“I’ve been nerding out on this and tripping out – it’s made me want to just build products!”
Alma Har’el is more animated than someone who has spent the past few days giving back-to-back presentations and interviews has any right to be. She’s in Cannes to launch the new evolution of her ongoing mission to diversify behind-the-camera talent. Where Free the Bid is an initiative to increase the advertising work going to female directors, Free the Work is a bigger, broader beast and it has given Alma a taste for tech.
“I’m definitely seeing tech as a creative field,” she enthuses. For over four months she’s been working with her Free the Bid team and an almost all-female team of developers and designers at a company called Heatwave to build a smart, machine-learning-powered platform that will make it easier than ever to find underrepresented talent – writers, directors, cinematographers and more.
As a lauded features and commercials director, creative experimentation is nothing new for Alma – but putting her incandescent genius to work using technology to solve a huge problem has been an experience like no other. “The learning curve on this was thrilling. If you can imagine sitting learning how to build a product and how to market it but also understanding how tech can support your mission… it was one of the best rides of my life.”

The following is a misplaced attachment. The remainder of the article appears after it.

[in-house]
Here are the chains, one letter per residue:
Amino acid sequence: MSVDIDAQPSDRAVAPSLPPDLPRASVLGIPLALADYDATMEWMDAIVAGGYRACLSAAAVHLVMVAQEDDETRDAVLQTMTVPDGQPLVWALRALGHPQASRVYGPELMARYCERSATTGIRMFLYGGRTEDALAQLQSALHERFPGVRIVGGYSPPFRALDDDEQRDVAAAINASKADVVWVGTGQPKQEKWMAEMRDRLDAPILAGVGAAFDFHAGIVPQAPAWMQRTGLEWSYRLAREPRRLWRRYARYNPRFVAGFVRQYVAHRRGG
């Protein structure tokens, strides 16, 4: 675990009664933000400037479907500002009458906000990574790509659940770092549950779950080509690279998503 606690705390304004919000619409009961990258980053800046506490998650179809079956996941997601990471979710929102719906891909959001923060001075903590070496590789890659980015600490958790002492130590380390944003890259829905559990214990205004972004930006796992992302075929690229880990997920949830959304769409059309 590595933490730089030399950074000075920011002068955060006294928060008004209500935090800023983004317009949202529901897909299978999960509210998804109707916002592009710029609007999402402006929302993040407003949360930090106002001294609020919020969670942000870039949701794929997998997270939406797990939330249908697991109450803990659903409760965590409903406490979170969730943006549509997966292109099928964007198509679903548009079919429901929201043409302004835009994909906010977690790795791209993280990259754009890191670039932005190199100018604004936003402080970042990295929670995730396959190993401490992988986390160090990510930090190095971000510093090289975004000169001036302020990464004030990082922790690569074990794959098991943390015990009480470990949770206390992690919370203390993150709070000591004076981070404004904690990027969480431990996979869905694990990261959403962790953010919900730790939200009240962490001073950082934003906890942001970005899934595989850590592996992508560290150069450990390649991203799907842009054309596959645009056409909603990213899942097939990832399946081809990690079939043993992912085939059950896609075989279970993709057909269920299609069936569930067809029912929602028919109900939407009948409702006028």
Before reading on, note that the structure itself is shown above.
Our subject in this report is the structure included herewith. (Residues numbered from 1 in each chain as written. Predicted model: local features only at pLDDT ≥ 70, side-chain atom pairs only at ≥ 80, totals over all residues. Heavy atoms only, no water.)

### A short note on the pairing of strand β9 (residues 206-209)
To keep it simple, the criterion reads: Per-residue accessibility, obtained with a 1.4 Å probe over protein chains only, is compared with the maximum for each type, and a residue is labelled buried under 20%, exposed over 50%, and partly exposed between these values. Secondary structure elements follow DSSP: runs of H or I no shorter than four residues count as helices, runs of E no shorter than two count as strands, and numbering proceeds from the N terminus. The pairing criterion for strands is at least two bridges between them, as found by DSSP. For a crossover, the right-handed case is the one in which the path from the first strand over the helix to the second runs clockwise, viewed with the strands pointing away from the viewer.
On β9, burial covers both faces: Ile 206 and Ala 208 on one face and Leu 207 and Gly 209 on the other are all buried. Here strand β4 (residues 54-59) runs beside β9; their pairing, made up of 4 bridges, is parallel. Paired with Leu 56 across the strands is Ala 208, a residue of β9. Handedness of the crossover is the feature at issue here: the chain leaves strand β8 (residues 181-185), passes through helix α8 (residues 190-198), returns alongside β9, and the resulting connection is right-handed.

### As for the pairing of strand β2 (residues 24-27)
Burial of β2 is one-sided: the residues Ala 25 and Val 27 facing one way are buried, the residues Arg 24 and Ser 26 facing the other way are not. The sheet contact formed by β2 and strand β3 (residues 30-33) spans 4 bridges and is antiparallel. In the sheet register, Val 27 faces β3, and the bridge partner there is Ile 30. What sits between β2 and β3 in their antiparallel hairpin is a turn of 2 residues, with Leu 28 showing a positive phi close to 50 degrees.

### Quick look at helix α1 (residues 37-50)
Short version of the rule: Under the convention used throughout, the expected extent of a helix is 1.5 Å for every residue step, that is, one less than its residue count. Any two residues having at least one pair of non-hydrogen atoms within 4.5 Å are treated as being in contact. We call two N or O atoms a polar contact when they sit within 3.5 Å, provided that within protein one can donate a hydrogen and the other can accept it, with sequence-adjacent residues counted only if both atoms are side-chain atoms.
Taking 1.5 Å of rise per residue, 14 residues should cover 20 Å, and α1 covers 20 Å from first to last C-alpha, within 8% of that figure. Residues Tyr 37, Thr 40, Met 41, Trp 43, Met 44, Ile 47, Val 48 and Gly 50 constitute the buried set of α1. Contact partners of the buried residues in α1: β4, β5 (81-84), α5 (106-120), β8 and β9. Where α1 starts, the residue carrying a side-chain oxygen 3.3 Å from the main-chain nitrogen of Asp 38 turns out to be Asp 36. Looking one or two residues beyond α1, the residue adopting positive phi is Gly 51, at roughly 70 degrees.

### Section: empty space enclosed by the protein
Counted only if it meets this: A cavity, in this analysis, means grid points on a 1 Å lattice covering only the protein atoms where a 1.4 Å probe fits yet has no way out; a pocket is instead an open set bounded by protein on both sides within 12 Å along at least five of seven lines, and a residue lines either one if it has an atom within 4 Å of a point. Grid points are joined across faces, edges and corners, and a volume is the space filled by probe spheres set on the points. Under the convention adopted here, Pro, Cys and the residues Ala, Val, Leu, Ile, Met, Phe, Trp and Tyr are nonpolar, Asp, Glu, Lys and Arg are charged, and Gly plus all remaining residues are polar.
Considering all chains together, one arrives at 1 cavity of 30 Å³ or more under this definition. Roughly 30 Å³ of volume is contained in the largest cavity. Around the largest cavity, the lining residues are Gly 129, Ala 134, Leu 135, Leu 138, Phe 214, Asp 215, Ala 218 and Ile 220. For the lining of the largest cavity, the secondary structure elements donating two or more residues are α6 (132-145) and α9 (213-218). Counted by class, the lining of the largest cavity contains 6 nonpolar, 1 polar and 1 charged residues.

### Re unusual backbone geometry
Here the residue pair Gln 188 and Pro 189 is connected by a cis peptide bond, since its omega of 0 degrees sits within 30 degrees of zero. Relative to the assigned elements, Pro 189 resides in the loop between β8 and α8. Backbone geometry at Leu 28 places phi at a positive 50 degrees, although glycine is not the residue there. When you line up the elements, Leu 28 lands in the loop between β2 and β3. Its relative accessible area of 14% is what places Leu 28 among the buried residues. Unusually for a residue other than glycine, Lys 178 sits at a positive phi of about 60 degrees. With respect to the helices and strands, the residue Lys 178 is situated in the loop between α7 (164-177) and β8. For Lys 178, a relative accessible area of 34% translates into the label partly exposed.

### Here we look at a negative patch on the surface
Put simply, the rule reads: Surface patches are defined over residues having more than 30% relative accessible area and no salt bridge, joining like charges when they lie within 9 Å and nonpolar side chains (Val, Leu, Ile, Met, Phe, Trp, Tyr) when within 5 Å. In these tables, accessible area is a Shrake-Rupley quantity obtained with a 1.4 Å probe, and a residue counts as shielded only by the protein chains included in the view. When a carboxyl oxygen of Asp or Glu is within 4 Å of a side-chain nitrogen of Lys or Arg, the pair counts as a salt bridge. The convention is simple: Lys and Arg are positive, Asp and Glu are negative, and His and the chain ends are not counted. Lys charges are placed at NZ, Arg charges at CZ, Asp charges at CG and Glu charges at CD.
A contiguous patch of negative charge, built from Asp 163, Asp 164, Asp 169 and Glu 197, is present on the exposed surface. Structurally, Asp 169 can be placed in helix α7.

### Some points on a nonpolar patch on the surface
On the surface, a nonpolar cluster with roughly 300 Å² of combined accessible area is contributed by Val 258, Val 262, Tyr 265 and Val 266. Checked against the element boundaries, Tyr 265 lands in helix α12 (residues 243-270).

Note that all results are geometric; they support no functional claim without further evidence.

FREE THE WORK - DEMO VIDEO from FREE THE WORK on Vimeo.
Free the Work has been built to spotlight women, trans identifying, non-binary and underrepresented creators involved in all aspects of film making – and to make that talent un-ignorable for decision makers in marketing, movies, TV and all sorts of content creation. While the free-to-access non-profit Free the Bid database will continue to be available, Free the Work operates on a membership model. Smart algorithms feed users with suggested content based on their previous searches to help them to discover new creators – and the team has collaborated with high profile artists and creators on carefully curated playlists from the likes of Natasha Lyonne, Lena Waithe and Lucas Edges.
The desire to have a more fluid and inclusive approach to underrepresented creative talent has been with Alma from the start. With Free the Bid, supporting women was an obvious and effective place to begin, but two years later the team is more equipped (and the industry more receptive) to a more evolved understanding. Indeed, explains Alma, it wasn’t until she started directing commercials and bumped up against systematic barriers that she even felt the need to identify as a ‘woman director’.
“I felt at the time that I identified as a woman almost as a political act. It was clear to me entering into the industry,” she says. Her successes paradoxically revealed just how the system was stacked against her. She won a Stella Artois job only to realise she was the first woman to direct for the brand. She was nominated for a Director’s Guild of America Award in the commercials category. “It’s a really incredible thing when every victory you had makes you realise that you never really had a chance.”
Ultimately the platform takes the time and legwork out of the search for diverse voices, by seeking inspiration from the suggestion mechanisms of platforms like Spotify and Amazon – which means that brands, agencies and studios have no excuse.
“It’s a matter of priority. What I’m trying to do with this tool is make it easier for people that don’t think it’s their priority,” she says. “I’m curious this year to see if it really does help. I think with the right tools a lot of people will understand that they’re missing out on, literally, a renaissance of creativity.”